Yasa's Parents & The Triple Gem

This lesson was shared with children between the ages of 5 and 8.

In the previous lesson, the children learned about Yasa, a wealthy young man who decided to follow the Buddha.  In this lesson the children learned about his father.

The following account is from Buddhism Key Stage II, page 35.  (You can download it here.) :

Yasa’s father had been searching for Yasa after he had
left home and entered the Sangha. Eventually, he came
upon the Buddha who explained Dharma to him. He
listened with growing enthusiasm and became the first lay
follower to take the Threefold Refuge in the Buddha, the
Dharma and the Sangha.

At the invitation of Yasa’s father, the Buddha and Yasa
went for a meal at his house. The Buddha talked about
Dharma after the meal and Yasa’s mother was also listening.
She was so impressed that she took the Threefold Refuge
and became the Buddha’s first woman lay follower.      

Keep it simple.
There were two main points I wanted the children to take away from this lesson:
1. Yasa's parents became the first lay followers of the Buddha.
2. As layfollowers, we take refuge in the Triple Gem.

I asked the children, "What is a gem?"  It was important for them to understand how precious a gem is.  We used examples of diamonds, rubies, emeralds, crystals...  I held up my ring.  "My husband gave this to me when he promised to marry me.  The stone is special because it is rare and beautiful and it has a special meaning for me.  It is a GEM."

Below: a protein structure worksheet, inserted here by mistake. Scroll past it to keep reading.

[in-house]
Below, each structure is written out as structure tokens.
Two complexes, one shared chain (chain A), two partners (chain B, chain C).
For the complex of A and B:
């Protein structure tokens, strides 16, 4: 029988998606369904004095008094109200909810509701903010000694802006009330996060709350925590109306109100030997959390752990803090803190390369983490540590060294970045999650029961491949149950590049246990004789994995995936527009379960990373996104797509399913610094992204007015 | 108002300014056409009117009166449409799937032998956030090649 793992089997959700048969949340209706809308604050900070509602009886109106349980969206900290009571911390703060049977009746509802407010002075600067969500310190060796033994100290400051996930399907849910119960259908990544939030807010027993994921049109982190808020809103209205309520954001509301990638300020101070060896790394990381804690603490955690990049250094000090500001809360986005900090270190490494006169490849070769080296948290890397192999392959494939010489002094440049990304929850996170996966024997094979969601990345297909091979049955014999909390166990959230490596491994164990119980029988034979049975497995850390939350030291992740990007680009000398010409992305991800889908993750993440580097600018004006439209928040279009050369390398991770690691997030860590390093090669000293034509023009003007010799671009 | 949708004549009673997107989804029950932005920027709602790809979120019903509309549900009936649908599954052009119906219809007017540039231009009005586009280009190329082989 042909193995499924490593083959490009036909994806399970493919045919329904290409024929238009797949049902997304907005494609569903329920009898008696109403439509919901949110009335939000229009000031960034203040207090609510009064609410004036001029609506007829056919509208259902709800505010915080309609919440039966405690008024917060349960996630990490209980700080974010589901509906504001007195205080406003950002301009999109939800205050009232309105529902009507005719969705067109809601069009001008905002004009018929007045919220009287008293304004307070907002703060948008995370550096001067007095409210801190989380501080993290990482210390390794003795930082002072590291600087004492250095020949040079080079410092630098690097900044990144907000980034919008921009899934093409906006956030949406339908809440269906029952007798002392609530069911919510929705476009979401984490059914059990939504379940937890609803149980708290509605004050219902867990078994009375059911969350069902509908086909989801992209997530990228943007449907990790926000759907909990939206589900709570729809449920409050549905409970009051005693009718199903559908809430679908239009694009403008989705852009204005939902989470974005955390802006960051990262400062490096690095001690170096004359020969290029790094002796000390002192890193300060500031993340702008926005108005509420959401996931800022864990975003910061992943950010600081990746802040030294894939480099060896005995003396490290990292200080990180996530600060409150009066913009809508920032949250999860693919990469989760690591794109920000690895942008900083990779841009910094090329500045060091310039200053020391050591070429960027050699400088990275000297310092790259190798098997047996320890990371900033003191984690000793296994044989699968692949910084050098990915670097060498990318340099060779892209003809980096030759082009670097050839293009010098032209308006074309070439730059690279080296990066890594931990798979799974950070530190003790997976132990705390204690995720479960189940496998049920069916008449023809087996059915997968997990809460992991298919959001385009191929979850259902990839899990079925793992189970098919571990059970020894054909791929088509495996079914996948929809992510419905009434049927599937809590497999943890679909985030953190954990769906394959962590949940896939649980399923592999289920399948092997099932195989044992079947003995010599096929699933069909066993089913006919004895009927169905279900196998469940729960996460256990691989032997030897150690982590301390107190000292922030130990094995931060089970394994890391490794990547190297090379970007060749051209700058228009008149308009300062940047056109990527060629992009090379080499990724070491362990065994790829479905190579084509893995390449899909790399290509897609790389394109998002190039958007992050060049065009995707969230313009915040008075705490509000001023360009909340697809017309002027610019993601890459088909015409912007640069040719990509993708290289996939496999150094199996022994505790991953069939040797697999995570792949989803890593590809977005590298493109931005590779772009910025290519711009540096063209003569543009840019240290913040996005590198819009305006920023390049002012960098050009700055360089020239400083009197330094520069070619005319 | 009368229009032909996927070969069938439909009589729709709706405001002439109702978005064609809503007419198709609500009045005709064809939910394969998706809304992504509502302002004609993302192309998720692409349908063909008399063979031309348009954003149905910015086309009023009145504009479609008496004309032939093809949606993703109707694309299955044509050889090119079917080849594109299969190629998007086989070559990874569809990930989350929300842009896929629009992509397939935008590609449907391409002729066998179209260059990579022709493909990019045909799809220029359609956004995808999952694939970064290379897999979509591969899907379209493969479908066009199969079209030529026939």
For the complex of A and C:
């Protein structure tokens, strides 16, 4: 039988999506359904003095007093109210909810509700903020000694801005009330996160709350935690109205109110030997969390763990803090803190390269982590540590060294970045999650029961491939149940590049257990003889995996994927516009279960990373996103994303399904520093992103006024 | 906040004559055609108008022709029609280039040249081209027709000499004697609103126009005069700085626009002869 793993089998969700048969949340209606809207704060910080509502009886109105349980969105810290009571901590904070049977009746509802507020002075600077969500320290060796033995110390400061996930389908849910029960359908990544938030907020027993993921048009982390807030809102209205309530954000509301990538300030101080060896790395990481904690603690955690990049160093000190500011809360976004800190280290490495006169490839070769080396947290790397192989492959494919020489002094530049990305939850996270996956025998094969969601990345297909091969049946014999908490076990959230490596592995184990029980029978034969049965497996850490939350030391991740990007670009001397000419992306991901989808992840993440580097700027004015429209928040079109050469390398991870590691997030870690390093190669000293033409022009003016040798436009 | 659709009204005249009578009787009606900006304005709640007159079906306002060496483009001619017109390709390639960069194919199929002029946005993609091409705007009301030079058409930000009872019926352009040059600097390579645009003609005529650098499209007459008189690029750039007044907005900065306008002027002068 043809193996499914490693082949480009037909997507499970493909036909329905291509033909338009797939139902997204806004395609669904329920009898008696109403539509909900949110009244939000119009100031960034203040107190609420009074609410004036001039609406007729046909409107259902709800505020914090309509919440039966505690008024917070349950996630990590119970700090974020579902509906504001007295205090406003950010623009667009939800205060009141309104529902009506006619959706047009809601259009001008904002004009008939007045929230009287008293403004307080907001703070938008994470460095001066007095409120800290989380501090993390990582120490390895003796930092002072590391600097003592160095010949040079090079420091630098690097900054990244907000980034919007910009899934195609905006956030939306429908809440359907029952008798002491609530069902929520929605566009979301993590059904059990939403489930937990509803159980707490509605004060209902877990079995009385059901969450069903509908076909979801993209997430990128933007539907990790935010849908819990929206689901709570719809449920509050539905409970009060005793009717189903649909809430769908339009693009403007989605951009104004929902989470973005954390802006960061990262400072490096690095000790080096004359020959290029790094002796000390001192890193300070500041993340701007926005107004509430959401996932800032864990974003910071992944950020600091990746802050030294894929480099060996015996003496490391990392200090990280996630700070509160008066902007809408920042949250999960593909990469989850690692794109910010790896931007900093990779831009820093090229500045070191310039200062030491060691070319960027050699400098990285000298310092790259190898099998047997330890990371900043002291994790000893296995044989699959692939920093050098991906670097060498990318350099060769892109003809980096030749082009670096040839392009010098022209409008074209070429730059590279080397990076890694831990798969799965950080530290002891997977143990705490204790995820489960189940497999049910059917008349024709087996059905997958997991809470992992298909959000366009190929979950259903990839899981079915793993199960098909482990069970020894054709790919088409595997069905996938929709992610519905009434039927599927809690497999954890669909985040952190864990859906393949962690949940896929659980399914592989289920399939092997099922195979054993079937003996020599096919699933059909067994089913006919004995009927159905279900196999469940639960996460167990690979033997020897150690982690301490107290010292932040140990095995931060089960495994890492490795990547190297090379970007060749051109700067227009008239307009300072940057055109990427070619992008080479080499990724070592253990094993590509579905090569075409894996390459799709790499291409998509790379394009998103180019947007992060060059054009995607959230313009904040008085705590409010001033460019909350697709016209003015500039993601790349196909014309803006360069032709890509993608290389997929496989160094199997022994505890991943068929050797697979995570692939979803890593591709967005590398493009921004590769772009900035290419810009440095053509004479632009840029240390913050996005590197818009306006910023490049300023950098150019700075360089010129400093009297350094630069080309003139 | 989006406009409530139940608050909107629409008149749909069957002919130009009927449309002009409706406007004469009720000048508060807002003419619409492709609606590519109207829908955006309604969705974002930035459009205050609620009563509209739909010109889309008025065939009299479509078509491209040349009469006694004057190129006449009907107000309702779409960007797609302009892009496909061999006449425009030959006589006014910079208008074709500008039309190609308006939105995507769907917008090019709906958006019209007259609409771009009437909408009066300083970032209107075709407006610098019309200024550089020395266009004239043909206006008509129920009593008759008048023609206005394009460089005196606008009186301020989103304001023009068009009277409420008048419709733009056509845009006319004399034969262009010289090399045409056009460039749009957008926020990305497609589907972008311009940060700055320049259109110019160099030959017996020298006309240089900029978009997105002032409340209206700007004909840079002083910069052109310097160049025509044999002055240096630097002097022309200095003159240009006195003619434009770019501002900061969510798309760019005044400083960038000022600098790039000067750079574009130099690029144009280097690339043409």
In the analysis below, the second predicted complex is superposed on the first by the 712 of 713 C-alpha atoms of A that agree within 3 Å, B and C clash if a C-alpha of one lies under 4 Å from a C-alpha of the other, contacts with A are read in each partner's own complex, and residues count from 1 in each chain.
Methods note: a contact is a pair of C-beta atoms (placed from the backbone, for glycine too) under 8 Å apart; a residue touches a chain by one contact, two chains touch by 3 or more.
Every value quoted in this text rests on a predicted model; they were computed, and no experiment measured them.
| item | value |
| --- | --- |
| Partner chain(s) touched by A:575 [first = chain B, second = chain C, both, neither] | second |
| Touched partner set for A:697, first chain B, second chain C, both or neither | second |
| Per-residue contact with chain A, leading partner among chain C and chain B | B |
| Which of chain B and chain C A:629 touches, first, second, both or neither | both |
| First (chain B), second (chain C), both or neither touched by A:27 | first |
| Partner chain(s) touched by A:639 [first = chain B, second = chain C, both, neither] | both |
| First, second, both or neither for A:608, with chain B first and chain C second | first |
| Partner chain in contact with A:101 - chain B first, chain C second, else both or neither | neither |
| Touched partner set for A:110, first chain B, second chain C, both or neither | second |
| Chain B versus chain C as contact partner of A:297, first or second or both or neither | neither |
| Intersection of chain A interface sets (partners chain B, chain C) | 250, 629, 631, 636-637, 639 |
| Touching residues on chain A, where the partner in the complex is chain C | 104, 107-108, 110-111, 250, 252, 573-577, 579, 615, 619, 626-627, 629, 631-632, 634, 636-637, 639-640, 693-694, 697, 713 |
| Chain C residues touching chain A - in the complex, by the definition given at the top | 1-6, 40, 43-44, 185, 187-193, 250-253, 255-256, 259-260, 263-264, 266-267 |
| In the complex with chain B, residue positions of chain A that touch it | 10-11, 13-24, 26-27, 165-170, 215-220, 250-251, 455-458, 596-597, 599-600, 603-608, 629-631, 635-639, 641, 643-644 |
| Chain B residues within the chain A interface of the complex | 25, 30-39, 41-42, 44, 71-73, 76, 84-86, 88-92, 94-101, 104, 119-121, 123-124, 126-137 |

In Buddhism, we have three special gems:  The Buddha, The Dharma (the Buddha's Teachings), and The Sangha (the monks and nuns who follow the Buddha in a special way).  We call these three the Triple Gem.

I asked, "What does it mean to take refuge?"  They weren't sure.  "A refuge is a place you go to be safe.  If a tornado is coming, we are told to take refuge.  We have to find a safe place that will protect us.  When animals want to be safe from predators, they look for a good hiding spot.  This is their refuge."  In Buddhism we have special, safe, protective places to take refuge as well.  They are the Buddha, the Dharma, and the Sangha.  So when we say that we are taking refuge in the Triple Gem this is what we mean.  When we have problems or worries or fears in our life, this is where we go for refuge.

Use what you have.
The children were encouraged to find symbols of the triple gem in our shrine room.  They enjoyed finding them.  Then I showed them this picture of the three jewels:

In front of them I colored each gem to represent the Buddha (blue), the Dharma (yellow), and the Sangha (red).  One of the kids noticed right away that the three jewels were placed in the shape of a bodhi leaf.  
Each of the children were given their own to color.

If time and resources permit, there are a lot of fun activities you could come up with for this symbol.  I considered having the children color foil with markers to make the gems shiny.  You could use glitter or sticker gems too.  Think about ways to make this a beautiful presentation.  Next year, I plan to do a lot more with this lesson, craftwise.

Any readers who'd like to share their pictures are welcomed!  I'd love to see and share your work here.

May all be free from suffering by the power of the Triple Gem!  


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